Gail Guynn says 'yes' to New Power
Hello, my name is Gail Guynn. I’m a New Product Reliability Engineering Manager working with on-highway applications for New Power, which is funny as I was one foot out the door on my way to retirement in 2019!
What compelled you to work for New Power when you were so close to retirement?
I’ve been an engineer for over 30 years and worked at Cummins for over nine. I was ready to retire in the summer of 2019 and go explore the U.K. with my husband. We had it all planned out, but then I met Kendra Eads, New Power’s Americas and Europe Engineer Lead. She knocked on that figurative door I was about to walk out of and told me about the newly acquired battery team located in Milton Keynes, U.K. – right where we planned to live – and how they could use my expertise.
Every company change I’ve made was for a life change, and each change contributed to my personal growth. The opportunity to bring my expertise to New Power was life giving me another great opportunity for growth. Who was I to ignore this new and exciting opportunity?
So, I put off retirement and joined New Power. My husband and I lived in Milton Keynes (MK) for four months (pre-Covid), and I met the whole MK team. The assignment allowed me to build working relationships – much stronger than virtual – with the battery team. I learned about batteries, and they learned about Cummins tools and 7-Step problem-solving. It was a fabulous experience, and I had loads of fun! I even learned to drive on the left side of the road!
We returned to Columbus in January 2020 where I continued with New Power Reliability and assisted with launching Cummins' first battery system.
How did you know engineering was for you?
It was when I realized architecture wasn’t for me. I started college in architecture because I thought I could be part of building things.
One of the early assignments I had to do for one of the courses was building a one-foot cube out of either sticks or planes made from cardstock or a similar material. And I turned in just that – a perfect cube made from planes that measured one foot by one foot by one foot. Apparently, this was not what the professor was looking for. In fact, every cube in class that actually looked like a cube crumbled under his judgmental foot. Funnily enough, those cubes were built by structural engineers.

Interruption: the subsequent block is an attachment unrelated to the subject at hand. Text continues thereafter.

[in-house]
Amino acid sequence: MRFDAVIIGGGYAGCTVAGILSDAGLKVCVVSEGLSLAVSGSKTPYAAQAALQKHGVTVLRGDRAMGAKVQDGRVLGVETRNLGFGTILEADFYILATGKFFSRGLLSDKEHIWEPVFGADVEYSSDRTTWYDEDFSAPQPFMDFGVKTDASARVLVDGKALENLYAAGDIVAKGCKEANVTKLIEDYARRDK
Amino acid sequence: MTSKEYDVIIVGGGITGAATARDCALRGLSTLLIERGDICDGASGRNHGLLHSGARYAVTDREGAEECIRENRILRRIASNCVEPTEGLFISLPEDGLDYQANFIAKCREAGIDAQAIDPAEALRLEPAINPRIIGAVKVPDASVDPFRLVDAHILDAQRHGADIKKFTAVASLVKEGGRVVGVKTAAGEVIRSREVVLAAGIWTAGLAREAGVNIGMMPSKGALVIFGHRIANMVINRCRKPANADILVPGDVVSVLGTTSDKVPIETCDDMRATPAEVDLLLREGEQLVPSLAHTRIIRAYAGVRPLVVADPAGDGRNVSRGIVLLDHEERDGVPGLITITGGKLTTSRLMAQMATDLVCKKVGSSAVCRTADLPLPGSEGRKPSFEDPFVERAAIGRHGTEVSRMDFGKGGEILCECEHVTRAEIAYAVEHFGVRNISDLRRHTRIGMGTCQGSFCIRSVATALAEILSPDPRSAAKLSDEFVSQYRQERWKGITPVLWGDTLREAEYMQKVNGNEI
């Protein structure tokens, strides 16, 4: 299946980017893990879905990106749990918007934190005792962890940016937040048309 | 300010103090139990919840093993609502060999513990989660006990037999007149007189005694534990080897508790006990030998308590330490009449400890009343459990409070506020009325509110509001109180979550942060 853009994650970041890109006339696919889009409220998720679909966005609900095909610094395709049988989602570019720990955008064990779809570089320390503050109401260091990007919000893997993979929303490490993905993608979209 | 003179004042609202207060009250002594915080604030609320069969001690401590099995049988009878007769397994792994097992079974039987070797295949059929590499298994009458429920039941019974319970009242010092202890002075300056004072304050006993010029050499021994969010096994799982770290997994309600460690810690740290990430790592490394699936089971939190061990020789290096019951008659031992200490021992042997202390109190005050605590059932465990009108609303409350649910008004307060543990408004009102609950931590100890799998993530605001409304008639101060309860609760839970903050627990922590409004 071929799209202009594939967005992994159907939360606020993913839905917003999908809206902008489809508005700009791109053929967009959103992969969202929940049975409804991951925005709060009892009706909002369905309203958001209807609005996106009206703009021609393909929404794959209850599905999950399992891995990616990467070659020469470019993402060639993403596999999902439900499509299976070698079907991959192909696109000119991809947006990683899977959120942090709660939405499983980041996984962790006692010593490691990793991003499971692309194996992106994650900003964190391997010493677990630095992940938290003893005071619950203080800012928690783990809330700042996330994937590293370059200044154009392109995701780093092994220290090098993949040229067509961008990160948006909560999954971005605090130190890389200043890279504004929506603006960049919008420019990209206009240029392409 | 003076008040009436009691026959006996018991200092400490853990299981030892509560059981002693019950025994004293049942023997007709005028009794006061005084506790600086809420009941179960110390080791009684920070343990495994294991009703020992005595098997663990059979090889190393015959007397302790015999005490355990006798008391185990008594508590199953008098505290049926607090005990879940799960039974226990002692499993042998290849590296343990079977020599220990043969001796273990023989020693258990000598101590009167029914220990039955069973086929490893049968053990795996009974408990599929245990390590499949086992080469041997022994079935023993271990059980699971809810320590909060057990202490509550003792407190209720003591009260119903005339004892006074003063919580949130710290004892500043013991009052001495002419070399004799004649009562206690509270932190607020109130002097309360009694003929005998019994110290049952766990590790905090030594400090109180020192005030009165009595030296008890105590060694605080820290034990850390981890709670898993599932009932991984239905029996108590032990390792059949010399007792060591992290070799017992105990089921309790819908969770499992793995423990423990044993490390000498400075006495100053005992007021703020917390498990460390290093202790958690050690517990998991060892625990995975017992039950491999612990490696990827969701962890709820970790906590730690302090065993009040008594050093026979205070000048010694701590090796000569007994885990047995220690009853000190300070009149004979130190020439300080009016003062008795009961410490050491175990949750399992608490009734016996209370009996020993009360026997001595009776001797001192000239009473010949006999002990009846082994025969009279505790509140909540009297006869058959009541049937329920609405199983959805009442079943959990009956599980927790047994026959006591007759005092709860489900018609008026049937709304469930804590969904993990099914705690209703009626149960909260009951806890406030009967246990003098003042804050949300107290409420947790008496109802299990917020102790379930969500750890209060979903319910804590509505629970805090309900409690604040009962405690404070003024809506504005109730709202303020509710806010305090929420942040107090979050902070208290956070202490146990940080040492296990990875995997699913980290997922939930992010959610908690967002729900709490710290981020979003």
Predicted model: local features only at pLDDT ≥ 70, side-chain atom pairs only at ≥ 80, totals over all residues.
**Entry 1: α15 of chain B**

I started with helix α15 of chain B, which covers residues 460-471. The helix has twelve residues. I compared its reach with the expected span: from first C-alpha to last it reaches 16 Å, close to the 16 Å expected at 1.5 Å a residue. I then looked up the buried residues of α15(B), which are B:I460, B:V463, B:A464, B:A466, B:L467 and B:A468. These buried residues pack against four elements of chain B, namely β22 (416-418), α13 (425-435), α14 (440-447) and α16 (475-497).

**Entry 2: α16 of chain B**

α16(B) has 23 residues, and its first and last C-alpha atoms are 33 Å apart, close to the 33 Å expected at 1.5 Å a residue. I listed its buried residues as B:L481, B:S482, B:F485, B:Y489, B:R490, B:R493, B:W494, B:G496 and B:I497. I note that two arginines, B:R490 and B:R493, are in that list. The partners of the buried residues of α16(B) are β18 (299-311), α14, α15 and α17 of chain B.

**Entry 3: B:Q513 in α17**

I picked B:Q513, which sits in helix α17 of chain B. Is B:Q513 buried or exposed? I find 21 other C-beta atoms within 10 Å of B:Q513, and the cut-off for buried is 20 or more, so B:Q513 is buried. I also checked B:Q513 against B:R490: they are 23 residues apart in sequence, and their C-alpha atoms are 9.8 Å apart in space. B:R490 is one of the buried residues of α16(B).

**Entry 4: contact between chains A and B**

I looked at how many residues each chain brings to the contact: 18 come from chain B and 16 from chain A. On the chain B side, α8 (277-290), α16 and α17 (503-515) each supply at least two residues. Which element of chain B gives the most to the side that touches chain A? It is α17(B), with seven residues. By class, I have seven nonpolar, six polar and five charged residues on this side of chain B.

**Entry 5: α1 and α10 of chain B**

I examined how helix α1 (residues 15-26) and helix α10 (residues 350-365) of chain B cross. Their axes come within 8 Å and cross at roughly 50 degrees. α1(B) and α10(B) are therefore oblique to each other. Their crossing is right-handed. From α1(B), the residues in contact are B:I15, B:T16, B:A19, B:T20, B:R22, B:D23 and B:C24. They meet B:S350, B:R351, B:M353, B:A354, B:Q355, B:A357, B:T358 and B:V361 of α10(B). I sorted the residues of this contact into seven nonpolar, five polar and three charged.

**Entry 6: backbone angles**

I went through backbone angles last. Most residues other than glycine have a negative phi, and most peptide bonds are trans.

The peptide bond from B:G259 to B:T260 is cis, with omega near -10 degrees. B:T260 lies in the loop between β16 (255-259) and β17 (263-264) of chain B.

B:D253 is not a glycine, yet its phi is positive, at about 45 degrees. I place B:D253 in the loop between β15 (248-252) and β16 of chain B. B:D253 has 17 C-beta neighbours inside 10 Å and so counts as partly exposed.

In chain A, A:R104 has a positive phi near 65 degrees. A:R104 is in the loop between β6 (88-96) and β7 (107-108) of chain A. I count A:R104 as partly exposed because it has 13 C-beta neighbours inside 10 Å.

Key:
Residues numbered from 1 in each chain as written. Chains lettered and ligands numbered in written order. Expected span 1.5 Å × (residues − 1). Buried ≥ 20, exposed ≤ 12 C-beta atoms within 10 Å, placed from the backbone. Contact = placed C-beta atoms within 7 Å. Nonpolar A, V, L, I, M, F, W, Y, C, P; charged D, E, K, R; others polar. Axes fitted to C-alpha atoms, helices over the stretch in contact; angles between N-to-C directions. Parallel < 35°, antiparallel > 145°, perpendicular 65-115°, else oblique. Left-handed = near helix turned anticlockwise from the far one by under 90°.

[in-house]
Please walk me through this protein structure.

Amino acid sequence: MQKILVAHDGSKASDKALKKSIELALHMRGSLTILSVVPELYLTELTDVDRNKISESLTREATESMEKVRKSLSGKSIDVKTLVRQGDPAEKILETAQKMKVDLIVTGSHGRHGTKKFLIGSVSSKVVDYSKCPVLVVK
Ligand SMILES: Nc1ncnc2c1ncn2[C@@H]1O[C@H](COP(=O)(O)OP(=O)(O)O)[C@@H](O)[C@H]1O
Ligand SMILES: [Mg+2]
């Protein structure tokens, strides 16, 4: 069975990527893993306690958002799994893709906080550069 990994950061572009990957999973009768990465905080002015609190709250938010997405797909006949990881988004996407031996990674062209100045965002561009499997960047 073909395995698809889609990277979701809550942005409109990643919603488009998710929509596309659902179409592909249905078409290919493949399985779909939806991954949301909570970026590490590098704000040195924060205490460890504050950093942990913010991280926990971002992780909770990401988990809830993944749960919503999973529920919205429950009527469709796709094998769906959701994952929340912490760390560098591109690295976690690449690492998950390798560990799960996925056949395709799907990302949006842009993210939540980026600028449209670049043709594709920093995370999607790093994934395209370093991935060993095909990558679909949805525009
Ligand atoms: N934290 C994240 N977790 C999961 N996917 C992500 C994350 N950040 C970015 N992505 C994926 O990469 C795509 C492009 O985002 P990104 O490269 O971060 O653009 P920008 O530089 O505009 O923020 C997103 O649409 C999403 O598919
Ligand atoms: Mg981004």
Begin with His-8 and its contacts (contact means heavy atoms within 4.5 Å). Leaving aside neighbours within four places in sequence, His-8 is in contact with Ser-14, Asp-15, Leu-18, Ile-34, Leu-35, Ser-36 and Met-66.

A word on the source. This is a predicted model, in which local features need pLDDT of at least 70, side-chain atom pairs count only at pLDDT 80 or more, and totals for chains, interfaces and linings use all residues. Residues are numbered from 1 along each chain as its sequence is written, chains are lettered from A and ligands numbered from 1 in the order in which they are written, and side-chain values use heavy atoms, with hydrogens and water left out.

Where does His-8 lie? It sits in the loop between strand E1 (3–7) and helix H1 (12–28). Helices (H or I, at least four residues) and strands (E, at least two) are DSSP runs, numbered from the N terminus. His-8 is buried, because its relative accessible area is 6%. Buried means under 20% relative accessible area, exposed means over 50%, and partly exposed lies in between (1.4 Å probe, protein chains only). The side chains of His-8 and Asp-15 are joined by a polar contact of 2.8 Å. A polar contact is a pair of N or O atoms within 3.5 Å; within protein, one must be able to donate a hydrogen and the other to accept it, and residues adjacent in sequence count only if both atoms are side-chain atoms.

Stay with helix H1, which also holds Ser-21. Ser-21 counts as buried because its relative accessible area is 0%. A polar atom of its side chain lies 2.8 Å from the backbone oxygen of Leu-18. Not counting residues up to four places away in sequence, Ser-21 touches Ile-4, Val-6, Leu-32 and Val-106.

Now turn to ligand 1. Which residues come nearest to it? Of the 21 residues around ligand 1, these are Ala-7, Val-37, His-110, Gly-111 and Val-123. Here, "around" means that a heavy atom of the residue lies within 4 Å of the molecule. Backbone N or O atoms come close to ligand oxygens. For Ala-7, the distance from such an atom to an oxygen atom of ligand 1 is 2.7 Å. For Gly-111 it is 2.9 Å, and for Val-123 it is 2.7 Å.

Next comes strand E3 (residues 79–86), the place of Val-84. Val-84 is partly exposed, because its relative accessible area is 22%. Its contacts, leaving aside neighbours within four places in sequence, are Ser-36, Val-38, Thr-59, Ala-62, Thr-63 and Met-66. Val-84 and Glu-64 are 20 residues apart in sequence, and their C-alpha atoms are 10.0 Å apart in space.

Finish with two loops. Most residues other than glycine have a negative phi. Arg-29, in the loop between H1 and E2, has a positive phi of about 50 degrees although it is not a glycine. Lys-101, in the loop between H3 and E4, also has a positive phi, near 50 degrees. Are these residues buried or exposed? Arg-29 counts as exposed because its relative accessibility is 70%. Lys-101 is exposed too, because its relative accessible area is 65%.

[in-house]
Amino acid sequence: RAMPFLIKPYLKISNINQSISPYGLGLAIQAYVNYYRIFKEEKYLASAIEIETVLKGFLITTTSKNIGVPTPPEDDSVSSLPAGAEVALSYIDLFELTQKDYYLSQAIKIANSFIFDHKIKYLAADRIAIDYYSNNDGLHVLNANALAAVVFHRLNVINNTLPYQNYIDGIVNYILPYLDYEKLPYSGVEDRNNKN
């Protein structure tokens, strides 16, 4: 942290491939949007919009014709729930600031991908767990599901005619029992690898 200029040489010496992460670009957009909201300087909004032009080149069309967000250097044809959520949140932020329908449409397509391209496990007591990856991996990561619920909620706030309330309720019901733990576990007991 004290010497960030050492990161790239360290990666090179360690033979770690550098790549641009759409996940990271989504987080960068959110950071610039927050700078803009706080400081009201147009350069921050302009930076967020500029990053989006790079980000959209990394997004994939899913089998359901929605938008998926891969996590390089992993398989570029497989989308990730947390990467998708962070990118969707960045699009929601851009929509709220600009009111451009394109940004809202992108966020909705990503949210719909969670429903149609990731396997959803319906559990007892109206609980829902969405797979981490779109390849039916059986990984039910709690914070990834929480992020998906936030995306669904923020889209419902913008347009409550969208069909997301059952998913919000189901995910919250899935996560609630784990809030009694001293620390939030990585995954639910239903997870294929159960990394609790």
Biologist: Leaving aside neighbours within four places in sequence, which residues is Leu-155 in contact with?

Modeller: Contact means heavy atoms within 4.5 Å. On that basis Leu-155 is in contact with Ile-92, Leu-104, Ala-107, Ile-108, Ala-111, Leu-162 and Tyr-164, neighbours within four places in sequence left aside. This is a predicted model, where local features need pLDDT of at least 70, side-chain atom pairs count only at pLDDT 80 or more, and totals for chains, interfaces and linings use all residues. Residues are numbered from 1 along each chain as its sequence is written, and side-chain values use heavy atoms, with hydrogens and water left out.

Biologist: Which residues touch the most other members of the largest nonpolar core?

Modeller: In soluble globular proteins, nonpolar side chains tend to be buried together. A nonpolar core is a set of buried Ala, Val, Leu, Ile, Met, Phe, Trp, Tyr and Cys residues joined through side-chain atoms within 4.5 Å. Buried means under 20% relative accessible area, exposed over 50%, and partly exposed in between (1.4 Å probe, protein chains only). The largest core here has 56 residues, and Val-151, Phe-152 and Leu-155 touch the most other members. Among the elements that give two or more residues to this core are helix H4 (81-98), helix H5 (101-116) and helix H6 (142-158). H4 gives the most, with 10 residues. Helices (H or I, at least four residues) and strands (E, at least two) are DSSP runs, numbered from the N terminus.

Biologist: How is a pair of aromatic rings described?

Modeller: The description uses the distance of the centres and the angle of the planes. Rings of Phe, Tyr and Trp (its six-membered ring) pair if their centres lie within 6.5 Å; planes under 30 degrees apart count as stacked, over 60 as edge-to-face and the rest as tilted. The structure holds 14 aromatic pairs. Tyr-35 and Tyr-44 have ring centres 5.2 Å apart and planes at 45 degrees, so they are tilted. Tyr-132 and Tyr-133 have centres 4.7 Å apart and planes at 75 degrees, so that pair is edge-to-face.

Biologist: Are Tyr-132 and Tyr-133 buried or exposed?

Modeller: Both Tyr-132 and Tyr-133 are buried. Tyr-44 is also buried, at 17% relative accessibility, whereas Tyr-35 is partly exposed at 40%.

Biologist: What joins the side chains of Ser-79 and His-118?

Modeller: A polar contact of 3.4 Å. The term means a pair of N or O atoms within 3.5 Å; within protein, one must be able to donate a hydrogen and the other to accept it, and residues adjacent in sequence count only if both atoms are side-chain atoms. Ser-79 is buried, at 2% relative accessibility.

I quickly learned afterward that architects were more on the side of making things aesthetically pleasing, but not necessarily structurally sound. And since my cube looked more like the structural engineers’ cubes, I decided to pursue engineering instead.
I suppose you could say I placed myself in a box. I am much more function than form.
What advice do you have for young women interested in STEM?
To every woman wanting to be an engineer or work in STEM – GO FOR IT!
I have seen a space shuttle launch and land – in person, not just on TV. I’ve witnessed computers go from hand calculations to room-sized machines to fits-in-your-purse-sized devices. The world has evolved immensely, and businesses have evolved from individual offices to cubicles to open seating to work-from-home. With all this evolution, demographics in each career field have become more diverse.
When I went to college, the female engineering population was minute; today the percentage is approximately 18-20%. We still have a long way to go to get that number higher, but it’s a clear indication that engineering is no longer just a “man’s world.” STEM is certainly no longer just a “man’s world.”
There are plenty of opportunities for you to join in the fun. You just have to say “yes” and go for it.
Fast facts about me:
My New Power application quiz results: